In Southern California, for example, we found that the number of dry-hot-windy days has increased at a greater rate than dry, hot or windy days individually over the past four decades, tripling the number of megafire danger days in the region.

The U.S. Drought Monitor is jointly produced by the National Drought Mitigation Center at the University of Nebraska-Lincoln, the United States Department of Agriculture, and the National Oceanic and Atmospheric Administration. (Credit: NDMC)

2020 wasn’t normal, but what is normal?

If 2020 has proved anything, it is to expect the unexpected.

Before this year, Colorado had not recorded a fire of over 10,000 acres starting in October. This year, the East Troublesome fire grew from about 20,000 acres to over 100,000 acres in less than 24 hours on Oct. 21, and it was nearly 200,000 acres by the time a snowstorm stopped its advance. Instead of going skiing, hundreds of Coloradans evacuated their homes and nervously watched whether that fire would merge with another giant blaze.

This is not "the new normal" – it's the new abnormal. In a warming climate, looking at what happened in the past no longer offers a sense of what to expect in the future.

"The growth that you see on this fire is unheard of," Grand County Sheriff Brett Schroetlin said of the East Troublesome fire on Oct. 22. "We plan for the worst. This is the worst of the worst of the worst."

Credit: Alizadeh, et al, Science Advances 2020

There are other drivers of the rise in fire damage, as well. More people moving into wildland areas means there are more cars and power lines and other potential ignition sources. Historical efforts to control fires have also meant more undergrowth in areas that would have naturally burned periodically in smaller fires.

The question now is how to manage this "new abnormal" in the face of a warming climate.

In the U.S., one in three houses are built in the wildland-urban interface. Development plans, construction techniques and building codes can do more to account for wildfire risks, including avoiding flammable materials and potential sources of sparks. Importantly, citizens and policymakers need to tackle the problem at its root: That includes cutting the greenhouse gas emissions that are warming the planet.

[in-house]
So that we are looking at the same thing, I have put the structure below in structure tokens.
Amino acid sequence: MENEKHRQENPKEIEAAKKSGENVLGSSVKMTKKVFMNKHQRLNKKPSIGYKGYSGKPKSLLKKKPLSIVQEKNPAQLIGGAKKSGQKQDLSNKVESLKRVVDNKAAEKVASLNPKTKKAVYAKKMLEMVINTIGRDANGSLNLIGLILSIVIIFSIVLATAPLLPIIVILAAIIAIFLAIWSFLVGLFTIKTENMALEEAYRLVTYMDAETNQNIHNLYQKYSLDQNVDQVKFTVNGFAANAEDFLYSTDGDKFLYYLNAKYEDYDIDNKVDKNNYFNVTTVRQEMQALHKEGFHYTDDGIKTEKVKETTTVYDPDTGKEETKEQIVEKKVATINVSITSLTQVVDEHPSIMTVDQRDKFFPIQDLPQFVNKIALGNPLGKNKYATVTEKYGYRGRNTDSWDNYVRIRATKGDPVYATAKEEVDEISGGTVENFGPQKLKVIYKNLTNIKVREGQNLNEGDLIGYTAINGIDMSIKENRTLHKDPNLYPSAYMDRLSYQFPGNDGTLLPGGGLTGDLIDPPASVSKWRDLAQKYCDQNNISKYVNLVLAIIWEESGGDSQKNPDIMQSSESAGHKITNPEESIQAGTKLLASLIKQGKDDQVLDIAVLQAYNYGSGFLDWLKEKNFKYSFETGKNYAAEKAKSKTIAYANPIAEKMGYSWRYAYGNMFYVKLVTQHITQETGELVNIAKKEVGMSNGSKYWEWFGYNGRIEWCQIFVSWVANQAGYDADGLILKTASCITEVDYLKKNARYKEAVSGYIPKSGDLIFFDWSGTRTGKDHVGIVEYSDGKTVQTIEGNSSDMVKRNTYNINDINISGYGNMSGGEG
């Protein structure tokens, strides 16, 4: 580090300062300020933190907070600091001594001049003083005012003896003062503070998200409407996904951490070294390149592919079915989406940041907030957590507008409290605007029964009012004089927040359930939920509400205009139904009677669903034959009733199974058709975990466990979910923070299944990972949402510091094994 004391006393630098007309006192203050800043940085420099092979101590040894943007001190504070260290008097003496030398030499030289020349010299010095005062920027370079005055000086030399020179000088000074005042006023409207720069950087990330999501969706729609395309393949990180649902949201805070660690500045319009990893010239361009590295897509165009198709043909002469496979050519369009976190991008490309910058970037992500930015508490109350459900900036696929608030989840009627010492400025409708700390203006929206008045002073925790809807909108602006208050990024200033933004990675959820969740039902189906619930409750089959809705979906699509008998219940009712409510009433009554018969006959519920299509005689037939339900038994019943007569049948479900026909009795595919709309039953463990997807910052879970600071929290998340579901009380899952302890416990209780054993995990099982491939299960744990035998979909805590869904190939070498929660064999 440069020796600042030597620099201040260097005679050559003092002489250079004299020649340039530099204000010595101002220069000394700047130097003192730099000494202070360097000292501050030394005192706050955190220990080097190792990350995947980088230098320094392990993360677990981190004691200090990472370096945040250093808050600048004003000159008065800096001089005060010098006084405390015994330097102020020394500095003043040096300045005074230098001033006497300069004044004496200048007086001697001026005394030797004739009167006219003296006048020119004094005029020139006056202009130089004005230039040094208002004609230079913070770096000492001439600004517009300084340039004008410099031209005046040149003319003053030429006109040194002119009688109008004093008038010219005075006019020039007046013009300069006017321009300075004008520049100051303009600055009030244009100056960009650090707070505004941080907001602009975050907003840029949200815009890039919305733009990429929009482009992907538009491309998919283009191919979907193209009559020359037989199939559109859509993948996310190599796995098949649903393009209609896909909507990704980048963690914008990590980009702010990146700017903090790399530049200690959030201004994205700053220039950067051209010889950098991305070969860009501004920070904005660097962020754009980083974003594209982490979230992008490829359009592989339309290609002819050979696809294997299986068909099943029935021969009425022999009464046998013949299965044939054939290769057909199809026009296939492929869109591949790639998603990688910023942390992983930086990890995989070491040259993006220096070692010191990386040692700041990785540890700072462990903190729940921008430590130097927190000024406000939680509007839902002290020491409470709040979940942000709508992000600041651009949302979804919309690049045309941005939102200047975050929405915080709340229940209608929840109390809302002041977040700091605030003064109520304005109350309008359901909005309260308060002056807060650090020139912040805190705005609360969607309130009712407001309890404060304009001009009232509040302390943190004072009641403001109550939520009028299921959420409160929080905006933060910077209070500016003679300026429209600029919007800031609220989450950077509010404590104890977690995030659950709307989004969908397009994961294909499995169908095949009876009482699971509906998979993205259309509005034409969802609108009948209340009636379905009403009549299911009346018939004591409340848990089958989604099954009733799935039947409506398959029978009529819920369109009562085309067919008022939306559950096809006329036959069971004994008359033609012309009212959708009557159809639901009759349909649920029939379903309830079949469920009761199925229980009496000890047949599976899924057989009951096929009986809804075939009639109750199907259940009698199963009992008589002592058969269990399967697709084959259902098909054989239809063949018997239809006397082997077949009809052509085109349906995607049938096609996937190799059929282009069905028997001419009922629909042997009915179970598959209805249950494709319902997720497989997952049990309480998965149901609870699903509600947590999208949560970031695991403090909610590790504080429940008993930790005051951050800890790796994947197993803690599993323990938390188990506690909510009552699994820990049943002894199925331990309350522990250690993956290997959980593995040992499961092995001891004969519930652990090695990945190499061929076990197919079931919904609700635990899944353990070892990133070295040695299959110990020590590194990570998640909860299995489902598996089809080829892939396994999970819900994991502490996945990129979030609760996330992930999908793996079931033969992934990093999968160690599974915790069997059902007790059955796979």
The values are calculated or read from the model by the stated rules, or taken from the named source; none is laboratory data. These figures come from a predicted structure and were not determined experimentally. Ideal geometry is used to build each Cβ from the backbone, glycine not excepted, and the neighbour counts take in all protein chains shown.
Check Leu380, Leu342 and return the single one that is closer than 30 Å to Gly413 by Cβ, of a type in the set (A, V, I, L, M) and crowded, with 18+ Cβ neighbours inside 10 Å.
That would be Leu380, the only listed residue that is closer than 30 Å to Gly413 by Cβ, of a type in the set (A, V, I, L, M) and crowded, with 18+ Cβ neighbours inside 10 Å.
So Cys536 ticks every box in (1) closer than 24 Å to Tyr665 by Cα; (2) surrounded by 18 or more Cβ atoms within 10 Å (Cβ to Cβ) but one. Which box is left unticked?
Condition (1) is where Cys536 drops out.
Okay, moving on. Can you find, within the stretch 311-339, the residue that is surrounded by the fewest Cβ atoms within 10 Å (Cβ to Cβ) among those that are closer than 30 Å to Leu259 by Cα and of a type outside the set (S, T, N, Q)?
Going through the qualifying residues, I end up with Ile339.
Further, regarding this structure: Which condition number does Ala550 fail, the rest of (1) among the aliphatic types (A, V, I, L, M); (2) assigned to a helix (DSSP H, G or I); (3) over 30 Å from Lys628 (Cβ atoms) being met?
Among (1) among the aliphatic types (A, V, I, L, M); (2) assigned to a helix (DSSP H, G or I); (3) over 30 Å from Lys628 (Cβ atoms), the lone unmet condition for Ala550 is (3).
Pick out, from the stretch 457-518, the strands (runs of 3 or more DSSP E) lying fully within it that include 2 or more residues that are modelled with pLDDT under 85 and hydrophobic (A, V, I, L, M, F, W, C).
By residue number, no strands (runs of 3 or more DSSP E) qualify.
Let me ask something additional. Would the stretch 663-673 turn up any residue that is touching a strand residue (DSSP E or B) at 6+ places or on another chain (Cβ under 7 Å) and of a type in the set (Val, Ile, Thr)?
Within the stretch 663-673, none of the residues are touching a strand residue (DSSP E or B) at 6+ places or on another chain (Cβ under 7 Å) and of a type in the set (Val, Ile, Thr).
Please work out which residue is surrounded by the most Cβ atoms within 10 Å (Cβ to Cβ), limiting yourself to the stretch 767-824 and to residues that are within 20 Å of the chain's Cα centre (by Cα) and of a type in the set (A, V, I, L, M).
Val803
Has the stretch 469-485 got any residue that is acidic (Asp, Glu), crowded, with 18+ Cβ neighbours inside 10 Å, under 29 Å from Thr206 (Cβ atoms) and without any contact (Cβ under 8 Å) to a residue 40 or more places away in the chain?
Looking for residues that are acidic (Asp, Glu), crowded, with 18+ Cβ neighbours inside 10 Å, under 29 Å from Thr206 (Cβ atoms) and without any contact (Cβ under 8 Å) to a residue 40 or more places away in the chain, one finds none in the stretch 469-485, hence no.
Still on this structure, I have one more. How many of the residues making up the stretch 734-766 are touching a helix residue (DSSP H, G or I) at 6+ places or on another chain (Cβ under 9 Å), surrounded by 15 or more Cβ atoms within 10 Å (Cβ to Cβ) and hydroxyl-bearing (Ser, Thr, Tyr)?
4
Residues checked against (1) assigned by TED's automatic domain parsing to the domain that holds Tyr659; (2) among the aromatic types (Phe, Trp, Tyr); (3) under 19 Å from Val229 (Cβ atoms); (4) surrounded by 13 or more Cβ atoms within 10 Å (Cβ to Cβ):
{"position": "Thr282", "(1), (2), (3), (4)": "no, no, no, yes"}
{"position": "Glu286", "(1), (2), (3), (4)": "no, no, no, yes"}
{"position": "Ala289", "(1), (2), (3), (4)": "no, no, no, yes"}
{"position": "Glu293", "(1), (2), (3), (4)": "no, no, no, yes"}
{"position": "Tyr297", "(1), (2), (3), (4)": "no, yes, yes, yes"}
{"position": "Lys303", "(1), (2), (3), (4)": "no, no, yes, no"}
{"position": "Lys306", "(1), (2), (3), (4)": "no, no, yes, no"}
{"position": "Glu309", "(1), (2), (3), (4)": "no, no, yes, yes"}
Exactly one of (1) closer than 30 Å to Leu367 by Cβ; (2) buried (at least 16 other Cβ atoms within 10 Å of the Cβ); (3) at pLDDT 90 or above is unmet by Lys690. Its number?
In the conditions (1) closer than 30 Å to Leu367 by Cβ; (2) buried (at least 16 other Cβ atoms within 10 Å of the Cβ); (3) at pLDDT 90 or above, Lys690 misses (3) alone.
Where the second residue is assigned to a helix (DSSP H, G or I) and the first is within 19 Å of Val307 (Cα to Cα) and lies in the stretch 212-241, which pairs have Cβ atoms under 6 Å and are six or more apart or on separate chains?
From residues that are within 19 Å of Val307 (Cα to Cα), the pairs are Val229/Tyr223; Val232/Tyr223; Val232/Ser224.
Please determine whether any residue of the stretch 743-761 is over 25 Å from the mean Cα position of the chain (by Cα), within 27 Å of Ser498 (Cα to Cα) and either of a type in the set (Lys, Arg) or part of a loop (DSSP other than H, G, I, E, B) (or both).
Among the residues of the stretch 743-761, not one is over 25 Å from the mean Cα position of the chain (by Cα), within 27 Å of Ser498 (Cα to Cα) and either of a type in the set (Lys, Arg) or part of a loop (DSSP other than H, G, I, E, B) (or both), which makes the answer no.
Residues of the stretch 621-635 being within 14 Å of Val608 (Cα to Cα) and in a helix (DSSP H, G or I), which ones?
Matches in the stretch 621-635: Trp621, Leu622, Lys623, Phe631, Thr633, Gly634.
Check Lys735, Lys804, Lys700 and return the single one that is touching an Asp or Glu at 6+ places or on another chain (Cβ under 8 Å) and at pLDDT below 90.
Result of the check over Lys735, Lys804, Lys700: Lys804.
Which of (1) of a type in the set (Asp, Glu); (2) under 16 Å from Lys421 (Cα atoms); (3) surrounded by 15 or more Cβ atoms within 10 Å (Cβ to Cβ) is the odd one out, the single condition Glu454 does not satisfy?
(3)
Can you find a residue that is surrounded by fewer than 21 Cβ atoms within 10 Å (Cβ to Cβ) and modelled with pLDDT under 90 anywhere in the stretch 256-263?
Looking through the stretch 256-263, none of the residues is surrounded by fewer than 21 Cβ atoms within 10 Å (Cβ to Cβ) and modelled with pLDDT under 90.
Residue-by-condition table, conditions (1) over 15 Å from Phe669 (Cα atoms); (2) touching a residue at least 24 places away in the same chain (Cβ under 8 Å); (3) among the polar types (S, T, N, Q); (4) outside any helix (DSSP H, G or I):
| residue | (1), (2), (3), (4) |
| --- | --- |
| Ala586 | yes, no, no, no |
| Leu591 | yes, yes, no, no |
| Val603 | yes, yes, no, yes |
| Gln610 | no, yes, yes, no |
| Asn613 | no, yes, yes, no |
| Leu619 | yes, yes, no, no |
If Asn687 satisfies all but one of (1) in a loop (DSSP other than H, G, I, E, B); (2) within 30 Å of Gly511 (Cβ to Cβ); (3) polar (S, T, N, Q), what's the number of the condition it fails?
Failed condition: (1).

Mojtaba Sadegh is an assistant professor of Civil Engineering at Boise State University; Ata Akbari Asanjan is a research scientist at the Ames Research Center, NASA; Mohammad Reza Alizadeh is a Ph.D. student at McGill University.

This article is republished from The Conversation under a Creative Commons license. Read the original article.

Banner photo: California National Guard fighting a wildfire in September. (Credit: The National Guard/flickr)

LNG gulf coast
Leo Dyson, a retired commercial fisherman. (Credit: Courtney O'Banion for the Louisiana Bucket Brigade)

LNG production comes with a price, Gulf Coast communities warn

US takes the global lead on liquid natural gas production and export, as economic promises and environmental worries collide.

This 2-part series was co-produced by Environmental Health News and the journalism non-profit Economic Hardship Reporting Project. See part 2 here.Este ensayo también está disponible en español
Keep reading...Show less
Senator Whitehouse & climate change

Senator Whitehouse puts climate change on budget committee’s agenda

For more than a decade, Senator Sheldon Whitehouse gave daily warnings about the mounting threat of climate change. Now he has a powerful new perch.